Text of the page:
Outdoor Life - - FEATURES - —T.C.

THIS SPRING, 36 of the 49 states that have spring turkey sea­sons will al­low hunters to shoot un­til sun­set. A decade ago, that count was 21. Clearly, we’re get­ting over old­fash­ioned hang-ups about evening hunt­ing harm­ing turkey pop­u­la­tions.

But morn­ing gob­blers and evening gob­blers re­quire two very dif­fer­ent ap­proaches. And the wrong kind of evening hunt­ing pres­sure can push tur­keys away from pre­ferred roost sites and out of your hunt­ing ter­ri­tory. Put the fol­low­ing con­sid­er­a­tions to work and shoot a gobbler as the sun heads to­ward the hori­zon.

start early You wouldn’t get to your morn­ing spot late. Give your af­ter­noon hunt a sim­i­lar ef­fort and be sure you are in place well be­fore the birds show up. A spring day is long. Hun­gry birds come out to feed early. Spring gob­blers get hun­gry, and they feed hard in the af­ter­noon and evening. Set up three to four hours be­fore sun­set.

give them room Don’t hunt di­rectly un­der roost trees. In­stead, hang back along travel routes or at feed­ing areas, where birds are go­ing to be while shooting light re­mains. Tur­keys re­turn­ing to the roost will of­ten just re­verse the same route they took out in the morn­ing. Set up in a spot slightly above travel routes, where you have good vis­i­bil­ity and a wide shooting lane.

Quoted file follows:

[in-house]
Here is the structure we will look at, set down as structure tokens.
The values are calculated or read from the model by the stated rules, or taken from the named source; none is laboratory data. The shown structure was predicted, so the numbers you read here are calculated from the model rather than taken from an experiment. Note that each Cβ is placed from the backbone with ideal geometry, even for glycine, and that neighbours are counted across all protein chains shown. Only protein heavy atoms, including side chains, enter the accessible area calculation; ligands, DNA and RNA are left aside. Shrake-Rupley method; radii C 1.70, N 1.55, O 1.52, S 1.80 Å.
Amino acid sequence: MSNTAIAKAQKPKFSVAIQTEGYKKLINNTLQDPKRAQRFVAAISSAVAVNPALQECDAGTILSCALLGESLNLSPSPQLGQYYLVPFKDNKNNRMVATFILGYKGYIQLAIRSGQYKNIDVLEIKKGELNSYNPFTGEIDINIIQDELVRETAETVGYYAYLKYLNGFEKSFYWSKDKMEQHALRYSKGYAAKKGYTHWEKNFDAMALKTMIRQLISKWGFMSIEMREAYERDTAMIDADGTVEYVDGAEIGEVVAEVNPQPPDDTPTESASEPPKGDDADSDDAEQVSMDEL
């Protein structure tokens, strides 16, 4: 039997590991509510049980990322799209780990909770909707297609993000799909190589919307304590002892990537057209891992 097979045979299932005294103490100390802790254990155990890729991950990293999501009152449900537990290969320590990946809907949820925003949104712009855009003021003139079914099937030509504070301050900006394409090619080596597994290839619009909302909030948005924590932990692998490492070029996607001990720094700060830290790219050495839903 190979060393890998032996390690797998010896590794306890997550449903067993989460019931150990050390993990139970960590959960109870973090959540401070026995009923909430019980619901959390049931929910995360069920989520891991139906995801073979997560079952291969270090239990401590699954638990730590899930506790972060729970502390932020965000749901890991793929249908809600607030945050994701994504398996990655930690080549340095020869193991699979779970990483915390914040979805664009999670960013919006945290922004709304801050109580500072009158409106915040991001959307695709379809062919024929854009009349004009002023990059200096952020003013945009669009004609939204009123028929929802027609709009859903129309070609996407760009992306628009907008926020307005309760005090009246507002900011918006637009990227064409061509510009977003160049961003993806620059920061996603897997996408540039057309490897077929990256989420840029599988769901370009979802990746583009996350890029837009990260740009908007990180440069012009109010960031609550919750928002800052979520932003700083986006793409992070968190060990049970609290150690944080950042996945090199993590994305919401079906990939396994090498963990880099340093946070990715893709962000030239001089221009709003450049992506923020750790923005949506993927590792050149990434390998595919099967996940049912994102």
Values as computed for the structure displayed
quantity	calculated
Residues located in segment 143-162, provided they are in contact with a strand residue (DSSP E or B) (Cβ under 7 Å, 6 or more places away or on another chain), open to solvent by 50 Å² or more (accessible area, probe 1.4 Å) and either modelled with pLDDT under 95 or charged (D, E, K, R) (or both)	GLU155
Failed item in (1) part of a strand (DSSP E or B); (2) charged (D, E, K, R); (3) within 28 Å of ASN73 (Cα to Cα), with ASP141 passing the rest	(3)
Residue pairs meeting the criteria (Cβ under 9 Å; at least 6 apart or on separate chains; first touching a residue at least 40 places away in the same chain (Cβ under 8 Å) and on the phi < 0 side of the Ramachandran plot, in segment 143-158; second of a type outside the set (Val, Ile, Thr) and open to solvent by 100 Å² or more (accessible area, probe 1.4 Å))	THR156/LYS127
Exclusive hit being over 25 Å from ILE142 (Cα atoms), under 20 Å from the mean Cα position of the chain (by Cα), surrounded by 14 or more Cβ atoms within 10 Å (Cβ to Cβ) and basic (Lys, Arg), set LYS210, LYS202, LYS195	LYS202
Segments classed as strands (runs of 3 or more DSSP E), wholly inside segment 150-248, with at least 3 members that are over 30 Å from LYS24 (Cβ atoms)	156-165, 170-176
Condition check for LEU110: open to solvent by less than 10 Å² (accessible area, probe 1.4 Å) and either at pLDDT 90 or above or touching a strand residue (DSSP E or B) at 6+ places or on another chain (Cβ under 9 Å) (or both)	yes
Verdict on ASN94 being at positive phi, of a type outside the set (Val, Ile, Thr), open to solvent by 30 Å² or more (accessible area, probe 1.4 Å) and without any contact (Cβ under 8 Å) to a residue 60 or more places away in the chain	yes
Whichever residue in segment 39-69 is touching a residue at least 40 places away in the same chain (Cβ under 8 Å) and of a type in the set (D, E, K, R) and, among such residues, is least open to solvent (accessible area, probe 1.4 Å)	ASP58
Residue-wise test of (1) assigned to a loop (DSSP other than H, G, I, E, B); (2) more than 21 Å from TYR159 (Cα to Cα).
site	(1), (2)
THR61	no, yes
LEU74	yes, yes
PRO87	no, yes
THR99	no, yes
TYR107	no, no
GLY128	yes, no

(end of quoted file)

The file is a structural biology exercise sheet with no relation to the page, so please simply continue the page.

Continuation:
build a hide Get set for a long wait. Build a blind from nat­u­ral ma­te­ri­als, use cam­ou­flage fab­ric, or erect a popup tent. Evening birds are jit­tery, sus­pi­cious, and ul­tra-alert. A good hide pro­vides some for­give­ness if you stretch or make an er­rant move­ment.

pipe down Hens and gob­blers alike of­ten aren’t much in­ter­ested in breed­ing—or talk­ing about it—late in the day. No call­ing at all may be best. If you do call, use only the soft­est clucks and whis­pery yelps. Sound car­ries far in the evening.

run an in­ter­cep­tion Okay, so this one isn’t low-im­pact. But in the prairie states and open areas of the West, use the late af­ter­noon and evening to glass from van­tage points. Once you’ve spot­ted a mov­ing flock, drop into a par­al­lel drainage to sneak ahead, come over the top, and in­ter­cept them.

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